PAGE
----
Thursday, February 22, 2024
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Arm’s post-earnings pop leaves stock trading at over 100% premium to Nvidia


The logo of semiconductor design company Arm on a chip.

Jakub Porzycki | Nuphoto | Getty Images

Exactly two years ago, from Nvidia The attempted purchase of chip designer Arm from SoftBank has ended due to “significant regulatory challenges.”

Masayoshi Son, the billionaire founder of SoftBank, has never been so lucky.

That deal would have involved selling Arm for $40 billion, just $8 billion more than SoftBank paid in 2016. Instead, Arm went public last year, and the company is worth now more than $116 billion after the stock soared 48% on Thursday.

SoftBank still owns about 90% of the shares outstanding, meaning its stake in Arm grew by more than $34 billion in one day.

But the rally is somewhat confusing when you consider how the market values ​​Arm. Wall Street may start to get a clearer idea of ​​how much investors are willing to pay next month, when the 180-day lock-up period expires and SoftBank has its first opportunity to sell.

Chipmakers Nvidia and AMD have been the darlings of Wall Street of late due to their central position in the artificial intelligence boom. Nvidia makes the bulk of the processors used for cutting-edge AI models, like those powering ChatGPT, while major tech companies have also indicated interest in purchasing competitive chips from AMD as they arrive on the market. the market.

But Arm is now valued at a much higher earnings multiple than either of those companies. As of Thursday’s close, investors are valuing Arm at nearly 90 times forward earnings. This compares to a forward price-to-earnings ratio of 33 for Nvidia and 46 for AMD, both of which have significantly higher multiples than other major chip stocks like Intel And Qualcomm.

By reporting better-than-expected quarterly results on Wednesday, Arm gave investors new data suggesting its growth rate could persist through the next fiscal year. Arm said it was entering new markets thanks to demand for AI and that its core market, smartphone technology, was recovering from a crisis.

“Gain market shares”

Arm has a different business model than Nvidia and AMD in that it is largely a technology licensing company. Arm said its royalty business, in which billions of chips made each quarter generate a small fee to use the company’s architecture, was surprisingly strong. Indeed, the company can charge twice as much for its latest instruction set, called Arm v9, which accounts for 15% of the company’s royalties.

“Arm continues to gain market share in the growing cloud server and automotive markets, driving new streams of royalty growth,” the company said in its letter to investors.

Arm’s revenue guidance for the current quarter indicates annual growth of 38% at the mid-range, marking a significant acceleration from recent periods. But for Nvidia, analysts expect growth above 200% for the January quarter and almost at that level for the following period.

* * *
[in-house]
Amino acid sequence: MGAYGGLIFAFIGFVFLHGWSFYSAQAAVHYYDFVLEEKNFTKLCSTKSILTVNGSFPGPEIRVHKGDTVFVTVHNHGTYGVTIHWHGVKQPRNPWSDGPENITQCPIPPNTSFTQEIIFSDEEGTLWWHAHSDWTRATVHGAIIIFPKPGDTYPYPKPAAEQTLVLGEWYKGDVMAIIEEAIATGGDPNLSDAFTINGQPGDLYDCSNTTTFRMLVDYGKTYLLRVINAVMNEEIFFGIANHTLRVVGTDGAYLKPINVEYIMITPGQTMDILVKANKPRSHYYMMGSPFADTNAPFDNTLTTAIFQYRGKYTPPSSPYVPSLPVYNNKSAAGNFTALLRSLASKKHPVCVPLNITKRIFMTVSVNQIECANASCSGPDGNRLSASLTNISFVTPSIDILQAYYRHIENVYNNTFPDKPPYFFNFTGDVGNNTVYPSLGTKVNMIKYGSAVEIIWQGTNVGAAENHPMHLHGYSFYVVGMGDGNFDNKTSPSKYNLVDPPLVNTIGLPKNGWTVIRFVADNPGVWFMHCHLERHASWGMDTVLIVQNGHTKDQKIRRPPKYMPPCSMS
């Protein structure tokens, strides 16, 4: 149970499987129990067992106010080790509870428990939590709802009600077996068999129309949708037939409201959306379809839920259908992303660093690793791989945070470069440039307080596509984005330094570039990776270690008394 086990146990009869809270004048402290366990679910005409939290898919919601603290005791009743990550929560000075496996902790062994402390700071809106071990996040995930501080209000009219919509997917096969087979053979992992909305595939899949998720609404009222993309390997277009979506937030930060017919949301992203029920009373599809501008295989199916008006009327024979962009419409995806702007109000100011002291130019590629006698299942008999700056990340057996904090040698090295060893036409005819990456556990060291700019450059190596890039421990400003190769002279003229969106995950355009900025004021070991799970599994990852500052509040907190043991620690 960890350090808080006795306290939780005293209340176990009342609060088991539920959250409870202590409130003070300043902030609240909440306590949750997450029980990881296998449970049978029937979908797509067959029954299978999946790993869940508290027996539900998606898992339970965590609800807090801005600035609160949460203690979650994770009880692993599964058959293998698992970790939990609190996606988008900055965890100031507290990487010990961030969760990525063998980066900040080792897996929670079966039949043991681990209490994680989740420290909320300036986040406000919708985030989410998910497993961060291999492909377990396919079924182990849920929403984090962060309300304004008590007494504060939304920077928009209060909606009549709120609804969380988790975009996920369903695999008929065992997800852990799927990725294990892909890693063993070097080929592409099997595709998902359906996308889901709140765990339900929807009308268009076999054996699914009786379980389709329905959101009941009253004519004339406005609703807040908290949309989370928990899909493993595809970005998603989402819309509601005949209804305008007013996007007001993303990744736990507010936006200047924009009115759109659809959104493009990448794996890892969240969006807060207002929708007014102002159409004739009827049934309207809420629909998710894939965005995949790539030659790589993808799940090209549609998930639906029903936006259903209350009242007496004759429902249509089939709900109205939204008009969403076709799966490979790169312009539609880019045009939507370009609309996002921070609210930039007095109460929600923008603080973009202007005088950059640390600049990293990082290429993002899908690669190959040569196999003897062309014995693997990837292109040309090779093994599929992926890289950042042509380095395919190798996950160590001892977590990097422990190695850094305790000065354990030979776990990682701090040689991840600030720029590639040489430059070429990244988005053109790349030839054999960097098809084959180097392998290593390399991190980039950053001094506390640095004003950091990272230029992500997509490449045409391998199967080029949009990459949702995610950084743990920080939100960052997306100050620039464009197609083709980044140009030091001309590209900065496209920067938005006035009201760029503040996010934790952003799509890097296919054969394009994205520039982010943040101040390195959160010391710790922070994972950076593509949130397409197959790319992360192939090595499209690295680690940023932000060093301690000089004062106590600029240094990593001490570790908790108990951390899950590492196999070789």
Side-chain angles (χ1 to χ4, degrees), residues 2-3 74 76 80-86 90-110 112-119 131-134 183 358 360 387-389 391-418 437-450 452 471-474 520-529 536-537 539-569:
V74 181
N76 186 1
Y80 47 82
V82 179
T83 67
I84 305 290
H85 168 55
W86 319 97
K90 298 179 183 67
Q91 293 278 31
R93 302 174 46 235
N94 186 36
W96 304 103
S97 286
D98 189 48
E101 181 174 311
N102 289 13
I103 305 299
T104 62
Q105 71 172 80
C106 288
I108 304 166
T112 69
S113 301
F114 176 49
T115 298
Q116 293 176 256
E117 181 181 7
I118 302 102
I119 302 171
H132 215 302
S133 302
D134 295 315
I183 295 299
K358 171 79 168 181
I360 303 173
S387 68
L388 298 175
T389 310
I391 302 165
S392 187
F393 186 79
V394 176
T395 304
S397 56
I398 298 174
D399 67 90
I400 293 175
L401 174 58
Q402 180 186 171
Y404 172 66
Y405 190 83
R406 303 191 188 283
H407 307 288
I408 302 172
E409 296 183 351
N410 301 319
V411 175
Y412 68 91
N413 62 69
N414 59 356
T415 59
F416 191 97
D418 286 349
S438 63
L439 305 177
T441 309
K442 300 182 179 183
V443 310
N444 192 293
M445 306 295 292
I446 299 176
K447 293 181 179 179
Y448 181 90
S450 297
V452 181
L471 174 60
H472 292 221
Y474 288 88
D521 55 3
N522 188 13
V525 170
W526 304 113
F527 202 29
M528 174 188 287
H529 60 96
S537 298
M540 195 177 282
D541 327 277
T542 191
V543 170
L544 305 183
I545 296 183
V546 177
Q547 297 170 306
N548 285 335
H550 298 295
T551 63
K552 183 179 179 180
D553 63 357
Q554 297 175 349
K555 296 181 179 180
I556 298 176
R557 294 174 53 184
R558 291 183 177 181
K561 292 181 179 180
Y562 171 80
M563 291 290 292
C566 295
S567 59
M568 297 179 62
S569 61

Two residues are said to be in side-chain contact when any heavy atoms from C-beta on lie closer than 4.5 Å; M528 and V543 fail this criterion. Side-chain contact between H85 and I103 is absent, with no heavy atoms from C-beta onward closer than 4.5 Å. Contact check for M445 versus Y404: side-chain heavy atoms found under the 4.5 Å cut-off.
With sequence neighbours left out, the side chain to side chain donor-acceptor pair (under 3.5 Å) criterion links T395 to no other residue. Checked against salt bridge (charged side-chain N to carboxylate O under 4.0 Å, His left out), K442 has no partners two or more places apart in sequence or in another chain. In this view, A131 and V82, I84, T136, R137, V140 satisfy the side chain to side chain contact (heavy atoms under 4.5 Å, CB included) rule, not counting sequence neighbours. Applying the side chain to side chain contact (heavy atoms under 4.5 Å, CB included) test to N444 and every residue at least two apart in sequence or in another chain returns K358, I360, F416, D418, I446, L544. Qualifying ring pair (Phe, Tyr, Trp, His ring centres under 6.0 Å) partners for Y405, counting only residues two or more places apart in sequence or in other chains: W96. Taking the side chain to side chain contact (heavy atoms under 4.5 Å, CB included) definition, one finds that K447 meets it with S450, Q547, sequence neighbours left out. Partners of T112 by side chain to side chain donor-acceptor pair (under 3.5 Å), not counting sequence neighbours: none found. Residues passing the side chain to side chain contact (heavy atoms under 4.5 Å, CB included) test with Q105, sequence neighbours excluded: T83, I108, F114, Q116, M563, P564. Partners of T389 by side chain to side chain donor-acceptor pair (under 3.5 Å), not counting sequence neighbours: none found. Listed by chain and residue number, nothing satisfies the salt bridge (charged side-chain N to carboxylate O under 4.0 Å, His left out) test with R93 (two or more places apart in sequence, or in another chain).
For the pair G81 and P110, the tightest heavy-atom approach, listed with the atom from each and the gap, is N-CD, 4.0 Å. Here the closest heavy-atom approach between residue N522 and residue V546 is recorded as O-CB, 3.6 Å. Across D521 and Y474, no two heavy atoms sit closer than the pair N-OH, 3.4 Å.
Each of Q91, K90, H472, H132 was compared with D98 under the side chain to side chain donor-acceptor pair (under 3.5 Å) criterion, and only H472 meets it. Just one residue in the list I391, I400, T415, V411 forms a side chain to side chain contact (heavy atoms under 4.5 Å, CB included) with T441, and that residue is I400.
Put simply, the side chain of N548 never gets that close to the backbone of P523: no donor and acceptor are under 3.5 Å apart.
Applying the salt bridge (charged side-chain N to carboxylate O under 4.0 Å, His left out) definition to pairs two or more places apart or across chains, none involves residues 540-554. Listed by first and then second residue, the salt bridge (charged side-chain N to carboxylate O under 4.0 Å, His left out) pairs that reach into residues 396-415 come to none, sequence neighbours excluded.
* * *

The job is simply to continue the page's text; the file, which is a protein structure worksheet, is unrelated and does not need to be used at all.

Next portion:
AMD has seen much slower growth and is expected to remain in the single digits until the second half, when expansion is expected to accelerate.

Lisa Su, President and CEO of AMD, speaks about the AMD EPYC processor during a keynote speech at CES 2019 in Las Vegas, Nevada, the United States, January 9, 2019.

Steve Marcus | Reuters

Although Arm has developed AI chips, its technology is oriented around the central processor, or CPU. AI chips are often graphics processors, or GPUs, that use a different approach to running multiple calculations at the same time.

Still, Arm says it will benefit from AI chips. CEO René Haas mentioned Nvidia’s Grace Hopper 200 chip, which will be available in finished systems in April, during a call with analysts. This chip combines one of Nvidia’s GPUs – an H100 – with a CPU that uses Arm’s Neoverse design.

“The drivers and direction of travel for Arm are as they were stated at the time of its IPO, but the timing and slope are faster and steeper because of AI.” wrote Citi analyst Andrew Gardiner in a note Thursday. “Given that we are in the very early stages of AI adoption, we expect Arm’s sales trends to remain robust in FY25/26.”

The company said its expected license sales backlog increased 42% on an annual basis to $2.4 billion.

For Son and SoftBank, the fortuitous scuttling of the Nvidia-Arm deal means an opportunity for the Japanese conglomerate to benefit directly from the growth of AI and the premium Wall Street places on chip companies at the center of the action .

SoftBank said Thursday that its Vision Fund investment group posted a $4 billion gain last quarter, following a brutal run of losses from bad bets like WeWork. SoftBank said in the December quarter it recorded an investment gain of $5.5 billion from Arm’s IPO.

If the stock can hold at these levels or even continue to rise, more gains are in store.

“Arm is the largest contributor to the global evolution of AI,” SoftBank Chief Financial Officer Yoshimitsu Goto said during an earnings presentation Thursday. He even went so far as to call SoftBank’s investment pool an “AI-centric portfolio.”

—Arjun Kharpal of CNBC contributed to this report.

Correction: René Haas is CEO of Arm. An earlier version misspelled his name.

WATCH: CNBC’s full interview with Arm CEO René Haas

Watch CNBC's full interview with Arm Holdings CEO René Haas

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Note: The content and images used in this article is rewritten and sourced from www.cnbc.com

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